Distribution expenses as a percentage of sales shipped from our warehouses excluding a $200,000 charge associated with a West Coast distribution center relocation and Filament expenses were 12% in the 2018 period versus 11.8% in 2017.

For the U.S., excluding the relocation and Filament, distribution expense percent improved by 10 basis points to 10.7% reflecting fewer prepaid freight sales and improved labor efficiency, partially offset by lower shipments from company-managed warehouses. International expenses increased on higher labor and facility expense, as well as higher freight expense on increased sales from the UK into Continental Europe.

SG&A expenses were $40 million in the second quarter of 2018 versus $33.1 million in the 2017 period. U.S. wholesale expenses increased by $8.3 million from the inclusion of Filament including $2.6 million of purchase accounting amortization and $900,000 from the acquisition of Fitz and Floyd.

International SG&A expenses decreased by $3.4 million, of which approximately $3.6 million is a change in the mark-to-market valuation of foreign currency contracts. In constant dollars, SG&A declined $600,000 offset by strengthening pound sterling.

Unallocated corporate expenses increased by $2.3 million from Filament acquisition expenses and higher professional fees and insurance expense. Interest expense was $4.7 million in the 2018 quarter as compared to $1 million in 2017 reflecting the financing obtained to acquire Filament.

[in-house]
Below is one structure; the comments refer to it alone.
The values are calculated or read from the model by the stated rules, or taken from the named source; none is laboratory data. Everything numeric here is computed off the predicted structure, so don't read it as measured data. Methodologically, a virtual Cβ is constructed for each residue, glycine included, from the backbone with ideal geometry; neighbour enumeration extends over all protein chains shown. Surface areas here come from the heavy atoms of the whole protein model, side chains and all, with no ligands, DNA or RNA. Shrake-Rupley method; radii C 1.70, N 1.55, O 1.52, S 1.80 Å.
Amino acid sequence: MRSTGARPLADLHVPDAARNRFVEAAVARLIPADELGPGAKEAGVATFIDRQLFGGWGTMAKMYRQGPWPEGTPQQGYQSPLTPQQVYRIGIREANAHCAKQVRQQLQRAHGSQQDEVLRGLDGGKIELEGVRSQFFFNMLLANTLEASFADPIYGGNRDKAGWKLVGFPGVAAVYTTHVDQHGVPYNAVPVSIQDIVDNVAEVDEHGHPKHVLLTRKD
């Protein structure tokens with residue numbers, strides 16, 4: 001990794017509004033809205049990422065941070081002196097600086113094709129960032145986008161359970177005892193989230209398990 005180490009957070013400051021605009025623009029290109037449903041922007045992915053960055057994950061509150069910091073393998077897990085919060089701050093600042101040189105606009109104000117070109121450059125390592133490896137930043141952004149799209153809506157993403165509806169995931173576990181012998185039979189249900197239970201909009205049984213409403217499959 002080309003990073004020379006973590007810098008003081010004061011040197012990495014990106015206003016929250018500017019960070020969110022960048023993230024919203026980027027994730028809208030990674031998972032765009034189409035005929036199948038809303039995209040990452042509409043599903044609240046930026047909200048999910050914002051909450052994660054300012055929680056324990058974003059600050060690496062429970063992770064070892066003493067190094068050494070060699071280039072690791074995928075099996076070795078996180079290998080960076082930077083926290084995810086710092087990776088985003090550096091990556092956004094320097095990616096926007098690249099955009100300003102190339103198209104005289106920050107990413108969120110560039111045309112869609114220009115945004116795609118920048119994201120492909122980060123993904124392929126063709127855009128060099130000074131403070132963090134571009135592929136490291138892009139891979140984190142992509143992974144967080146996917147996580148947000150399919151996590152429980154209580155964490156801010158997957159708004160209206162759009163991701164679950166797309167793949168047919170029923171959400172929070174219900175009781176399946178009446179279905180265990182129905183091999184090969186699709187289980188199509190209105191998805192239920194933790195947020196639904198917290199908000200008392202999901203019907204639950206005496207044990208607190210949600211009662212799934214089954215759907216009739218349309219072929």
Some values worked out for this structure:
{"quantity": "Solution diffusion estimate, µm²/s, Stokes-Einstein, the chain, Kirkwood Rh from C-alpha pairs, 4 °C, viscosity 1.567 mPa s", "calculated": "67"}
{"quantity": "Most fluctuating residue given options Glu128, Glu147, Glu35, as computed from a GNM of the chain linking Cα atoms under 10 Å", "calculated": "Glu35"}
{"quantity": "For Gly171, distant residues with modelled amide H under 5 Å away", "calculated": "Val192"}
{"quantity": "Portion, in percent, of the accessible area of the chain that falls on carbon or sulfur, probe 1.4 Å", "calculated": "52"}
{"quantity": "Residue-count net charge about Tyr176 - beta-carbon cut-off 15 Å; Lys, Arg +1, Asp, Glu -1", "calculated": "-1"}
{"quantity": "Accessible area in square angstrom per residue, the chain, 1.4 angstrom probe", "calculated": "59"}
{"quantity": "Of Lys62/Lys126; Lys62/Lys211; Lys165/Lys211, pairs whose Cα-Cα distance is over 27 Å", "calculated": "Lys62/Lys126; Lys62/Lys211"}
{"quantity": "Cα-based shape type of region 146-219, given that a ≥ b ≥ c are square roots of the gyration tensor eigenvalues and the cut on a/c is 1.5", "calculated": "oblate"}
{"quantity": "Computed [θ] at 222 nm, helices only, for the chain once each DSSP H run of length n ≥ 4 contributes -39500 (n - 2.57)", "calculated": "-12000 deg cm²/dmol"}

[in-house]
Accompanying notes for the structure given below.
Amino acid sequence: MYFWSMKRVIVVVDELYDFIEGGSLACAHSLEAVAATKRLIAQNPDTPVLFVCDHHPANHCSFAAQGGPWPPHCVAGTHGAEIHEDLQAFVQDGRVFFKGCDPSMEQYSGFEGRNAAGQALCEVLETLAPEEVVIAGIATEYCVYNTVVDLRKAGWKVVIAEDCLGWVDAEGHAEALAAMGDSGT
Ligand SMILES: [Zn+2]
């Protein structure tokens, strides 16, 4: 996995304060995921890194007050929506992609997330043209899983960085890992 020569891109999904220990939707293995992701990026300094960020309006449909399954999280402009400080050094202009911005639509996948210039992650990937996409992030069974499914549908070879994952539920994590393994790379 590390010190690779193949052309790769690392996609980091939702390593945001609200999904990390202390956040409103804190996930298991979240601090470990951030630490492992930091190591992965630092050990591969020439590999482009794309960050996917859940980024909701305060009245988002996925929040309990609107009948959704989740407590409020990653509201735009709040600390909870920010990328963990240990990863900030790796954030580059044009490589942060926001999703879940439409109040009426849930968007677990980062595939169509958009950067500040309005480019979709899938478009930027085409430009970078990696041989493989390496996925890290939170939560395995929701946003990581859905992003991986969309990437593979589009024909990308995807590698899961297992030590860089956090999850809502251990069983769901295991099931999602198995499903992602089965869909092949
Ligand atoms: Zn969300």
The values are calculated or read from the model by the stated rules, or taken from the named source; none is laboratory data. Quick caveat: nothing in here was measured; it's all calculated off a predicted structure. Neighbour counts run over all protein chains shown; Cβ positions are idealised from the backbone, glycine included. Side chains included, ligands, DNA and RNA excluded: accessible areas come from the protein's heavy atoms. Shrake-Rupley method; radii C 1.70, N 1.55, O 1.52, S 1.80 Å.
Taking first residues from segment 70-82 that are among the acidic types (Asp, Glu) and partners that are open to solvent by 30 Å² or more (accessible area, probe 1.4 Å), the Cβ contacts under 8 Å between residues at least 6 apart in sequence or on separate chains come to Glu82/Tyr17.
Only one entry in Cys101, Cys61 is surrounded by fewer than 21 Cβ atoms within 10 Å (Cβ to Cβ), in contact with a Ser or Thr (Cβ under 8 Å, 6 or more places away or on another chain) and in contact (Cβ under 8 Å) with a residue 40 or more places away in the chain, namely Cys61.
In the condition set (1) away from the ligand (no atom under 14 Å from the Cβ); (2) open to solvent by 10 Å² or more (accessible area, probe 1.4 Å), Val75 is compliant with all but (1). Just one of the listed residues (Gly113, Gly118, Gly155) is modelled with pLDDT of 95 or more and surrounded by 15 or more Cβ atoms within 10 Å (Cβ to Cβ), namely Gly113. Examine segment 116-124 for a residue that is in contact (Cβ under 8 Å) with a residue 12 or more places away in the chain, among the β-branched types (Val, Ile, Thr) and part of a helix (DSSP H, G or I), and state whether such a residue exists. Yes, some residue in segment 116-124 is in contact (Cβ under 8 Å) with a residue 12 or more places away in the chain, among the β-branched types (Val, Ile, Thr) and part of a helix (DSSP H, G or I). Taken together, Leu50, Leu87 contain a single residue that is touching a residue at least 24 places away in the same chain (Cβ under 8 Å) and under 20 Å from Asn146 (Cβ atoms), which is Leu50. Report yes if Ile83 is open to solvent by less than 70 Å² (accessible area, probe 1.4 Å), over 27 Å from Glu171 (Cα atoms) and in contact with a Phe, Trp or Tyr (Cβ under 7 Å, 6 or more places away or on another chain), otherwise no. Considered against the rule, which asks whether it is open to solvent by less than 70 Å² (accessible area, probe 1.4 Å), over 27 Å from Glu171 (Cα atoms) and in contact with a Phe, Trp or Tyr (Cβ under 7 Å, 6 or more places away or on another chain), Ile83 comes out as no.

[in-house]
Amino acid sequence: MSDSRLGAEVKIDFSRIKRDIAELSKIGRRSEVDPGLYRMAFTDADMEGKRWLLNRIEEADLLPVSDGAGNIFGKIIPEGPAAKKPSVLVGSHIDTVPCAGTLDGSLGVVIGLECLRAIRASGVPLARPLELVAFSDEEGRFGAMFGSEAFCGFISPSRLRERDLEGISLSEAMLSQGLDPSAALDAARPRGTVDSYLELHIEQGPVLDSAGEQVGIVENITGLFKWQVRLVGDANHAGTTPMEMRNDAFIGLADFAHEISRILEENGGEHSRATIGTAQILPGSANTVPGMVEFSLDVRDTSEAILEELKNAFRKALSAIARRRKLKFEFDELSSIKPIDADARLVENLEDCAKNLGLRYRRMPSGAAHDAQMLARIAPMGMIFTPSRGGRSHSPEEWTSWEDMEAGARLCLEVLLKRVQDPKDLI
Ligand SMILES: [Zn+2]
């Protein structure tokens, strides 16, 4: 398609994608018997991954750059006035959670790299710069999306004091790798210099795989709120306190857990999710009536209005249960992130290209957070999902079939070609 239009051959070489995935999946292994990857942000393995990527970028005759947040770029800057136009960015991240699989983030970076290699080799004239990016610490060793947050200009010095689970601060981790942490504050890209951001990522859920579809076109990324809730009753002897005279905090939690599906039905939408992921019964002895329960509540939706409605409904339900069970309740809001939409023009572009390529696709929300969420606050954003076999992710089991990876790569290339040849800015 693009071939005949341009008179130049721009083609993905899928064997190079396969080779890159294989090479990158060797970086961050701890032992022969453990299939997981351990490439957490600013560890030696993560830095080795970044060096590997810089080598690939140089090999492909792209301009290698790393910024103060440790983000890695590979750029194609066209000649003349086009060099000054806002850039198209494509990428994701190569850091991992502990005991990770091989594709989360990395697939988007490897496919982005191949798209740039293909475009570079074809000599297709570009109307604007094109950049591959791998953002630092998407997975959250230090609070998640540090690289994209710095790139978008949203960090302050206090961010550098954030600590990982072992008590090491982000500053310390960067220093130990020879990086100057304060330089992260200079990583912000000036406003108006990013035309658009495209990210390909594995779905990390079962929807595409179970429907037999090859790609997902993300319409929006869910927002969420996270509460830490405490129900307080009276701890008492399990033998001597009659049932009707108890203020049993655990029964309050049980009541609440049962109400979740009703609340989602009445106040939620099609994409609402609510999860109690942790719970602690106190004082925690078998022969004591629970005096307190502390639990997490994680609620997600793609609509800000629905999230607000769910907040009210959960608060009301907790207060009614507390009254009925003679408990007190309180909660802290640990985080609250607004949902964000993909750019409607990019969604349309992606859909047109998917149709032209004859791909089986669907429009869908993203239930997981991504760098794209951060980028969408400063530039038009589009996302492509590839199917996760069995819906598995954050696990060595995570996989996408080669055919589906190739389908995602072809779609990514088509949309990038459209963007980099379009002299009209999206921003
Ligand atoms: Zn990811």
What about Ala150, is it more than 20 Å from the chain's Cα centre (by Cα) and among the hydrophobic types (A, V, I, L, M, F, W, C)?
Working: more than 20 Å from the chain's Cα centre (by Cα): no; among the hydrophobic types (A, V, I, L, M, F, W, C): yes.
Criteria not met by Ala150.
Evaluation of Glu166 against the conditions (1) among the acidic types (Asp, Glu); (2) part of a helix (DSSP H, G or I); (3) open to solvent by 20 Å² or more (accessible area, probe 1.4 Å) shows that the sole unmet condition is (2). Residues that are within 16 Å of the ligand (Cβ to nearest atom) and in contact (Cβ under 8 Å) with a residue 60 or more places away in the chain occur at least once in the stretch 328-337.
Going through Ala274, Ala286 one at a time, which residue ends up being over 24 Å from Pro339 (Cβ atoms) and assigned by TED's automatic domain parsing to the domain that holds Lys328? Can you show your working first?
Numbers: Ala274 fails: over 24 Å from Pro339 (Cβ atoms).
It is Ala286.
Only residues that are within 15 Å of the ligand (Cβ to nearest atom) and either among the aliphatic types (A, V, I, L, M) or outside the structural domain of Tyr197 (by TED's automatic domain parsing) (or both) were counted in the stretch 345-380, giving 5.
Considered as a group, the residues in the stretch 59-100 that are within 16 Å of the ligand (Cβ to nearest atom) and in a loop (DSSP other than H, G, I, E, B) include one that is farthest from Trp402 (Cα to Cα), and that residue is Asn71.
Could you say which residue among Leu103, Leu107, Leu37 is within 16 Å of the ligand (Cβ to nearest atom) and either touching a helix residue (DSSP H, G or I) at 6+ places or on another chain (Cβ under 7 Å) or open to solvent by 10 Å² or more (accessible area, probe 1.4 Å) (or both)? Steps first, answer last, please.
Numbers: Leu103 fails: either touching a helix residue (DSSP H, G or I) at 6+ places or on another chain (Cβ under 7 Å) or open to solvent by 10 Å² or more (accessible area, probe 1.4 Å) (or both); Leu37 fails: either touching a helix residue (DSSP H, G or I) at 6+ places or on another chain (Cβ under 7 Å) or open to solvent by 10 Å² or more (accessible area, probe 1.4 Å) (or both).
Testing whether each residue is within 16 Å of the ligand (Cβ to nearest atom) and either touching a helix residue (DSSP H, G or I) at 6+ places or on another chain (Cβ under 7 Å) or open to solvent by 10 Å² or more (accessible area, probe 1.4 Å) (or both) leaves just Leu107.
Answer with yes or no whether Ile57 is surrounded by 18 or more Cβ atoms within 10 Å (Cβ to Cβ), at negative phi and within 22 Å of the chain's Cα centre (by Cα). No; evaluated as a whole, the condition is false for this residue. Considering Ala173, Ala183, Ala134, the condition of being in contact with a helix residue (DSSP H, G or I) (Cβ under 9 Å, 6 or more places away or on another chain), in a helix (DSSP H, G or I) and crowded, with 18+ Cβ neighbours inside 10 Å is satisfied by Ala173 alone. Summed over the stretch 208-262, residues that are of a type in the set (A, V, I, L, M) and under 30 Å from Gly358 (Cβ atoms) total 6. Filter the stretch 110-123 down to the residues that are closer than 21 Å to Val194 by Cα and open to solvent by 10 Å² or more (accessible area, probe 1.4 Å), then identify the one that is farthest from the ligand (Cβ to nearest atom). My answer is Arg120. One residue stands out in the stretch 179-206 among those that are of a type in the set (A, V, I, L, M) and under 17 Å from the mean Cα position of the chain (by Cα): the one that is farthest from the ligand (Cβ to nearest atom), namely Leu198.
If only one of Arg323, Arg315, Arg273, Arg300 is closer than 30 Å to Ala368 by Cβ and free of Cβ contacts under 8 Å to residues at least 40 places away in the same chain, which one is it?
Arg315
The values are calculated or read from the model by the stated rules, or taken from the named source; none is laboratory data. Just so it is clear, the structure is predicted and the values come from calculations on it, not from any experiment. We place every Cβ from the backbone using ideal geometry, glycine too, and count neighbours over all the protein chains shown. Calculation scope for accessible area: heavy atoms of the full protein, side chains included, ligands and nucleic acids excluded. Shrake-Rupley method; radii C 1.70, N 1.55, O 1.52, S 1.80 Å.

The effective tax rate for the 2018 quarter was 22.1%, compared to 39.9% last year. This lower effective tax rate reflects the reduced U.S. corporate statutory income tax rate, partially offset by non-deductible expenses. We continue to generate healthy cash flow.

Adjusted EBITDA was $69.2 million for the twelve months ended June 30, 2018 and as of quarter end, liquidity under the revolving credit agreement including cash at $6 million was approximately $90 million.

As you know, the U.S. government has imposed tariffs on a large range of products sourced from China. While a minority of our products are currently included, it is unknown exactly what will be implemented in the duration of such tariffs.

However, we are proactively taking steps to mitigate any financial impact such tariffs could have on our business. Since Lifetime is a largest customer for most of our suppliers, we believe that our vendor partners will work with us to attempt to minimize the effects of any increased tariffs.